James Davey says
Celebrities in leotards and former soap-stars learning to dance has been a real eye opener into the world of dancing, so is there any reason to believe that BBC One viewers won’t be equally inspired when offered insights into the world of choral singing?
It’s a very brave move for the BBC to tackle such a vast and complex world for the next Saturday night venture. Certainly, the televisual challenges will be tricky, because TV sound will never be able to replicate live choral singing performances – Choirs tend to be most concerned with the sound they make, and less with the visual performance (perhaps one of the reasons why choir singing is not often taken seriously on TV), although many choirs will go to great lengths to put on a visual spectacle!
Nevertheless, singing in choirs is something that thousands of people in the UK do each week, and so is surely something that should be represented in BBC programming? So is the oportunity of Choir Wars the right way to do it? I guess we’ll find out when it airs later this year, but if you agree with the earlier thread of this comment then prepare to have your eyes opened.
There are thousands of choirs active in the UK, representing the whole spectrum of musical genres; including R’n’B, Soul, Pop (check out The Magnets) jazz (The Real Group) and Rock (5 O’clock Shadow), as well as the traditional gospel, church and concert choirs (check out the BBC Radio 3 Choir of the Year http://www.chantage.org), and of course our heritage choral societies. Then there are Barbershop choirs, world music choirs, early music choirs, experimental choirs (remember the Honda advert), beatbox choirs (check out Shlomo and the Vocal Orchestra). The age old tradition of Kings College choir is the stereotype that sits in most peoples minds, but the true picture is very different. Indeed, it is due to this very stereotyping that many of the UK’s best choirs will travel abroad for their biggest audiences.
Factoid – did you know that almost a third of the population of Sweden sing in a choir?
Singing in a choir is one of the most social activities there is, perhaps more soicial than any team sport as a choir team can have up to several hundred singers all working together toward a common goal. Aside from this communal aspect are the many choral techniques involved in attaining the highest levels of performance, and this will surely be the most interesting aspect of the new BBC show – Don’t forget that ‘The Choir’ on BBC1 did win two awards for this!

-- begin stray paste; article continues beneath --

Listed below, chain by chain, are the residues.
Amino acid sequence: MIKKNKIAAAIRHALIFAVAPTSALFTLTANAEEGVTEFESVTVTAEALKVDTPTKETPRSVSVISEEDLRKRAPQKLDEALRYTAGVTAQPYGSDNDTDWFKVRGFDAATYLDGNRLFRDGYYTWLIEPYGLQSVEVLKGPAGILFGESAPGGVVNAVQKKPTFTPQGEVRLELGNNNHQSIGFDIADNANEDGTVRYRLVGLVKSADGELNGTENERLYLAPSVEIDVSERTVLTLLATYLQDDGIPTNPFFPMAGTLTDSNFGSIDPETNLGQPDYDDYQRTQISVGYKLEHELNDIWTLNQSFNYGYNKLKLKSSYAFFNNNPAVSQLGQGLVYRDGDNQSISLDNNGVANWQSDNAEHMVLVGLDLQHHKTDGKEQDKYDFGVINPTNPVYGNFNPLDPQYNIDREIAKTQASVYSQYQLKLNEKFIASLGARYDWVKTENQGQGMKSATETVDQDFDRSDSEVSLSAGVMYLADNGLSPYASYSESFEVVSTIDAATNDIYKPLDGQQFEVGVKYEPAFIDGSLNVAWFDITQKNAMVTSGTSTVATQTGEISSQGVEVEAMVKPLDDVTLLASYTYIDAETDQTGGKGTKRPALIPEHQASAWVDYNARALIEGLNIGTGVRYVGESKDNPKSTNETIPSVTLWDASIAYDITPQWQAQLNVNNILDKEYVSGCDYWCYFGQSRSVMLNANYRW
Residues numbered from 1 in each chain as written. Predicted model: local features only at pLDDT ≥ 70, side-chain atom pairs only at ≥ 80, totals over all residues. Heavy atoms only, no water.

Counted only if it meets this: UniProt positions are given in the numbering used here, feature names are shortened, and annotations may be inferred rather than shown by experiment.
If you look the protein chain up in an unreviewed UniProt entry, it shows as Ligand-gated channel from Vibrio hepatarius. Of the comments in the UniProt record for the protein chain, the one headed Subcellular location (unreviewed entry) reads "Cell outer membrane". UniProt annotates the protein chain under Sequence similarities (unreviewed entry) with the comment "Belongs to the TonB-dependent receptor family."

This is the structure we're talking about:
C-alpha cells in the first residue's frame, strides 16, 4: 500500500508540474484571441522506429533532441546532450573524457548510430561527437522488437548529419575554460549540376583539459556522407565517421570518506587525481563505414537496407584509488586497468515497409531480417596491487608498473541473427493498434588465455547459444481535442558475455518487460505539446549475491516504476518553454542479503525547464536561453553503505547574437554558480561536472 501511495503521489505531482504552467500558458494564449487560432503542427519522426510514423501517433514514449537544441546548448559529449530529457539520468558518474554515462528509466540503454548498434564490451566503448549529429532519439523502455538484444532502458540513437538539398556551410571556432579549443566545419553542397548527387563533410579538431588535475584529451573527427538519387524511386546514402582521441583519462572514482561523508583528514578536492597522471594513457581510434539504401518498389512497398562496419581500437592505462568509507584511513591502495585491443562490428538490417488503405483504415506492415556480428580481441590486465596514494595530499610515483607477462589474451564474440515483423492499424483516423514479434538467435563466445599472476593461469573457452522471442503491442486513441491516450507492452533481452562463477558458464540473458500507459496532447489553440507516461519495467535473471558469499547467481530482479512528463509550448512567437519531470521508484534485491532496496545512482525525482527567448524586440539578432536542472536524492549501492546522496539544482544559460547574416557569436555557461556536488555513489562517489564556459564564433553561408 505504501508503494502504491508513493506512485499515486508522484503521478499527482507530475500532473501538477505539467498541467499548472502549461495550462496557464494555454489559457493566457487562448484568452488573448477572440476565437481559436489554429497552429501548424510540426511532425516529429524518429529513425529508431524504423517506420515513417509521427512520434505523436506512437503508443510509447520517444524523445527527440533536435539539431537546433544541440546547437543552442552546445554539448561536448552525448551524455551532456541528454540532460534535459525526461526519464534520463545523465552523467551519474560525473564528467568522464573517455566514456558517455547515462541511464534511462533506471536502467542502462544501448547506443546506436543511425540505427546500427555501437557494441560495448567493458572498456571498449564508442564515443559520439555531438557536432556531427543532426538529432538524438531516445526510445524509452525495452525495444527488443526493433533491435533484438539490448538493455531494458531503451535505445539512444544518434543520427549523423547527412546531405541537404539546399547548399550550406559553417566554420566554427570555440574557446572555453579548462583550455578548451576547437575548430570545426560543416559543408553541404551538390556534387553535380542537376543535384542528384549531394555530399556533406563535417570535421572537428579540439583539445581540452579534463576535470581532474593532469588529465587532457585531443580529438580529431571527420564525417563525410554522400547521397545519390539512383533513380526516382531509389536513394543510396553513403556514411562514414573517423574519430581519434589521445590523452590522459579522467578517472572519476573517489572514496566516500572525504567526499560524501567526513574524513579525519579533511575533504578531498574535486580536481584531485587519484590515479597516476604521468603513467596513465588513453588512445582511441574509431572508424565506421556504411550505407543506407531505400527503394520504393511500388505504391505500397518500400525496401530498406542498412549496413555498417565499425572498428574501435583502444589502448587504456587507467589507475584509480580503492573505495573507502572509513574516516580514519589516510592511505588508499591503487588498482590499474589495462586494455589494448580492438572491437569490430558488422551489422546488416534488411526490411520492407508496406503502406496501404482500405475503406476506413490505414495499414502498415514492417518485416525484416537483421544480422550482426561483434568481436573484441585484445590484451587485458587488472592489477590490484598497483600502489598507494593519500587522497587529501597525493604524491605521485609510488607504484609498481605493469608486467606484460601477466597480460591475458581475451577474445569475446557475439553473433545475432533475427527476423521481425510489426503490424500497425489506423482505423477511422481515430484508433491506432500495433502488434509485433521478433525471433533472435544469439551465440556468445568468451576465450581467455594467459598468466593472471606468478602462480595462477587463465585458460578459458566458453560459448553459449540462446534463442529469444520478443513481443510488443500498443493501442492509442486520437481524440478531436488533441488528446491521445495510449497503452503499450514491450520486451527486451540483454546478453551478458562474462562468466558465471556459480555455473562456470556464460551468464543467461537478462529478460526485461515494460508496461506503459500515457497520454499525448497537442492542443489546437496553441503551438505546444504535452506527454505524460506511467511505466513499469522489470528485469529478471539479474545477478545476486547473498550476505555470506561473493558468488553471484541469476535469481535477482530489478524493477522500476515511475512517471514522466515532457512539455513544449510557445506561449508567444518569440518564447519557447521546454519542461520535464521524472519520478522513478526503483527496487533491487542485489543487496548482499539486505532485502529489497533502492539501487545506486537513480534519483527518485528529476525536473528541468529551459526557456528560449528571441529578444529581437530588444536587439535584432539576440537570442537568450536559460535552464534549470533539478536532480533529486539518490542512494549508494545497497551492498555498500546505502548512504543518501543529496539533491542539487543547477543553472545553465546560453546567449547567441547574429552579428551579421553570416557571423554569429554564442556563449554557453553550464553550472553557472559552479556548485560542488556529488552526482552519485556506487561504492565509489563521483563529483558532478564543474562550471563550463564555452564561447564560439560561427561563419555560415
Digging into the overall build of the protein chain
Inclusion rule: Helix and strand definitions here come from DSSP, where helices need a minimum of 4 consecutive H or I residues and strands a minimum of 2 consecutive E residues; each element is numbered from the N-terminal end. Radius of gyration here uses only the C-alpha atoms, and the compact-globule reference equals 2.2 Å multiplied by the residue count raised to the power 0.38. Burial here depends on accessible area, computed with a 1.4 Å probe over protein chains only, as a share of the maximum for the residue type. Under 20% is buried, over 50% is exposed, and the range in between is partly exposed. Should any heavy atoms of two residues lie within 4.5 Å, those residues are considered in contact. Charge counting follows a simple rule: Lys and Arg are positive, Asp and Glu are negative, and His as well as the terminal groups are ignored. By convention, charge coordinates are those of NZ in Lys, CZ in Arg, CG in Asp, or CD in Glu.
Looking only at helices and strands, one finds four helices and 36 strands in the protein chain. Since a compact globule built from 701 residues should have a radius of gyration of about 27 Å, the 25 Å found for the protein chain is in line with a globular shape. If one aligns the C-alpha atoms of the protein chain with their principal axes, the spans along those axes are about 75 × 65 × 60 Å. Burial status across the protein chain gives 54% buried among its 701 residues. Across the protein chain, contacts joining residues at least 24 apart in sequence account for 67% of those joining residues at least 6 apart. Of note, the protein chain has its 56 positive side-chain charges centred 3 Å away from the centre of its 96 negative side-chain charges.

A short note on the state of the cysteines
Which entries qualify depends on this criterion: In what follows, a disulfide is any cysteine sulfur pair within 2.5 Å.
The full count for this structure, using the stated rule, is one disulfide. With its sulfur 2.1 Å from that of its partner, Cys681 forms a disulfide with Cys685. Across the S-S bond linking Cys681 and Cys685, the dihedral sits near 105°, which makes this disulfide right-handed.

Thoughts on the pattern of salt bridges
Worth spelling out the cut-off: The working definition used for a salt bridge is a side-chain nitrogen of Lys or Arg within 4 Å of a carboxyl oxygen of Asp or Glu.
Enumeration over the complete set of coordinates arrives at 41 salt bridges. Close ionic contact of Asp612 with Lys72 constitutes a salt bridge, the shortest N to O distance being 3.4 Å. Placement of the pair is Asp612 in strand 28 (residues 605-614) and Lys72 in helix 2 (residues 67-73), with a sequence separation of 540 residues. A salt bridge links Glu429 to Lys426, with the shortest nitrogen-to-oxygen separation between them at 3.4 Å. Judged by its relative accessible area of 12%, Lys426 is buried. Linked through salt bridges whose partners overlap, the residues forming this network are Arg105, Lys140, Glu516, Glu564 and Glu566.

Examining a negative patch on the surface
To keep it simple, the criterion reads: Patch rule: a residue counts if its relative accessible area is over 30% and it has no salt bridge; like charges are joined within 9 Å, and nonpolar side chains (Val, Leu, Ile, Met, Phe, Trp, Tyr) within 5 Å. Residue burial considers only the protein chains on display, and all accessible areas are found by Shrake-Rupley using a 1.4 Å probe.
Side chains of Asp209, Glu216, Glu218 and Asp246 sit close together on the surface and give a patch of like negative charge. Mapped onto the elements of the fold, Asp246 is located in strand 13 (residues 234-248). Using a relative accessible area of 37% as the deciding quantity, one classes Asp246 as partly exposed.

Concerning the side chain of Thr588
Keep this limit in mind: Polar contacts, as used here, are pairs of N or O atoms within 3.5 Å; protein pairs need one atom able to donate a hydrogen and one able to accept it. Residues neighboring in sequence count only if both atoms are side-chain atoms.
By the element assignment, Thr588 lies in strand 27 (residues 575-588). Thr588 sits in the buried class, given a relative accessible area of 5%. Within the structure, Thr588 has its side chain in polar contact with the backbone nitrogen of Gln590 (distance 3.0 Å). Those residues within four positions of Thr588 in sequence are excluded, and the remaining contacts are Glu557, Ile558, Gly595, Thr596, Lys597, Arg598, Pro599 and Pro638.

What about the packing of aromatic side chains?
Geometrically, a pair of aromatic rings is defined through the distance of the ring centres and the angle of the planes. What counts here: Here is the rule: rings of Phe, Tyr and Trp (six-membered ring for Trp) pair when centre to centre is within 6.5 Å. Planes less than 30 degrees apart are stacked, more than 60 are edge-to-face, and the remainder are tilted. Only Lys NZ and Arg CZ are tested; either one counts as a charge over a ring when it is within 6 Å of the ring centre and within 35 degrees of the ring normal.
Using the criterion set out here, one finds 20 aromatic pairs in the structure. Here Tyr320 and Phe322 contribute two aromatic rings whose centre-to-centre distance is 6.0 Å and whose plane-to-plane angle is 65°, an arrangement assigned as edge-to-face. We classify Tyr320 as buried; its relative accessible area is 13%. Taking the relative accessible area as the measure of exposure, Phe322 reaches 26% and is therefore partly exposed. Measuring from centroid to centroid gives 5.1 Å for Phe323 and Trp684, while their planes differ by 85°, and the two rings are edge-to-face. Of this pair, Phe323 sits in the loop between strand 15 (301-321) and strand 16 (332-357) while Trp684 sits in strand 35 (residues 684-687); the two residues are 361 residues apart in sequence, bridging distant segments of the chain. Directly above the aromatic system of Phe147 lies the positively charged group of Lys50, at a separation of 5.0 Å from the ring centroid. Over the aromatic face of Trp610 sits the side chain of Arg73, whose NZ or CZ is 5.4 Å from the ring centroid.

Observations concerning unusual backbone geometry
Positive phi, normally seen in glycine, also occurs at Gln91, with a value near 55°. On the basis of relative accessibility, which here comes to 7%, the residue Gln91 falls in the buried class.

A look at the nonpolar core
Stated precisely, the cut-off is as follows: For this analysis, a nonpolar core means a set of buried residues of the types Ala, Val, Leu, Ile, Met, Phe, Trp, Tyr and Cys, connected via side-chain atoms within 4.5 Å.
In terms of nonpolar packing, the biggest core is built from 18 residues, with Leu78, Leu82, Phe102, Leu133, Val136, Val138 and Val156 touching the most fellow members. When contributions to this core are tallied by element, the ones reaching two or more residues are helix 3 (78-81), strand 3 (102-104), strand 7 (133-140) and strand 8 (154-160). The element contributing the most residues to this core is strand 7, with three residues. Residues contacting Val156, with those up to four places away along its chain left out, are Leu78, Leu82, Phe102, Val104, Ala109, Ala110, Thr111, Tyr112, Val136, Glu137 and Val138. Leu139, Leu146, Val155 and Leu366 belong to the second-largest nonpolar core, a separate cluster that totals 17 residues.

The hundreds of X factor auditionees and contestants we’ve seen have demonstrated the importance of having a unique voice (as well as some unique talents) but ensemble singing has a whole new set of challenges, and choirs at the highest level are able to balance and blend their sounds so accurately that they’ll sound like “One voice”, and that’s without the aid of microphones, pitchfixers and voice changers!
As for the judging criteria, if (like our previous commenter) you don’t understand what’s meant by passion, performance, power and personality then perhaps a dictionary may help. It certainly seems much clearer and easier to define than “X Factor” as the basic criteria?
Choir Wars will intrigue us all in the same way that we have been on the edges of our seats to find out from the judges of Strictly Come Dancing what has contributed to good performance. It’s only through watching Strictly Come Dancing over a period of monhs that many of us know anyhing about it at all. Well get ready to find out exactly what developments there have been since Henry VIII founded Kings College, as we rediscover another one of our nations’ hidden (but never forgotten) gems!
Hi, I am in a choir called Angels with Attitude-love the name hey. We are a acapella and there is about 30 in us. We do gospal etc. I told the lad that runs in and she said it would be fun to do this. please email me advice @ [email protected]